The One Show presenter Alex Jones has hit out at reality TV shows such as The Only Way Is Essex and Keeping Up With The Kardashians for having a negative influence on young girls.
Jones, 36, who co-hosts the BBC1 programme with Matt Baker, said that reality shows encouraged their female viewers to aspire to become "the next Katie Price".
The Welsh presenter said of MTV show The Valleys: "It's kind of like Towie (The Only Way Is Essex) or Made In Chelsea but based in the Welsh valleys. You have to see it to believe it - and it doesn't make you greatly proud of your nation."
Asked what she would like to ban, she told the Radio Times: "It sounds really old-fashioned but I think there are too many of these reality shows like Keeping Up With The Kardashians, which have a very negative effect on impressionable girls. It's a worry.
"They think that's what they should be aiming for - to be the next Katie Price - and it makes them self-conscious and unconfident about their bodies at such a young age. I don't think it's healthy.
"When I was young there wasn't all this emphasis on tanning, whitening your teeth and having boob enlargements. If I ever become a mother I'm going to be really careful about what my daughter watches on television."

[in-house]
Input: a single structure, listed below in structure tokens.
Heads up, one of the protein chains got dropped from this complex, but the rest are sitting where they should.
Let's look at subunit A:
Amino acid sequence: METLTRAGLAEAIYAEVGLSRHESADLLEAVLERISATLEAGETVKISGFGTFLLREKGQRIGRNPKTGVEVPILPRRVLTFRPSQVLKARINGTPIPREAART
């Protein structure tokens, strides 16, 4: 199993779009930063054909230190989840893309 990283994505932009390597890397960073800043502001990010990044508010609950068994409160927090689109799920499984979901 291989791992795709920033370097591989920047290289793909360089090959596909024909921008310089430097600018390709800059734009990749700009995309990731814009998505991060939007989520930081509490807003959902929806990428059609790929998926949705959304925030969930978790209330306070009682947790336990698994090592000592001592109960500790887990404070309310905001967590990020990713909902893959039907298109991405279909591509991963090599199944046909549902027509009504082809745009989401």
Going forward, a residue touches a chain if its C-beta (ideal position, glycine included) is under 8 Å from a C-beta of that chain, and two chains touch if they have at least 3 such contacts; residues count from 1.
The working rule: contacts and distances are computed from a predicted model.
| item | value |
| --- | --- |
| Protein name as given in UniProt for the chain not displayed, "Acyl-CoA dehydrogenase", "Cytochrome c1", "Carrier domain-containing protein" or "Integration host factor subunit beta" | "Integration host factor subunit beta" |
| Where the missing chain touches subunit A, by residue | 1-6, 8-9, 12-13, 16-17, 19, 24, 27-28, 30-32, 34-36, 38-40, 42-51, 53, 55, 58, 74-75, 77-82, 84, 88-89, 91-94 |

Jones said that she was conscious of wanting to be a positive female role model.
"That's why I don't think you should witter on about dieting and why most of the clothes I wear on TV are from the high street - you don't have to spend a fortune to look nice," she added.
The presenter, a semi-finalist on Strictly Come Dancing in 2011, named former Baywatch actress Pamela Anderson as her most stressful One Show guest and said that she would "absolutely" love to present the BBC ballroom dancing show.
"Pamela Anderson was tricky because she stared at the monitor the whole time to see how she looked, so she wasn't engaging in the conversation. Then she ran off because we showed a picture of her that she didn't like," she said.
She said of Strictly: "Obviously it's escapism but it's also what family shows should be about. It's warm, traditional, Saturday-night viewing that brings all ages together, from toddlers to grandmothers."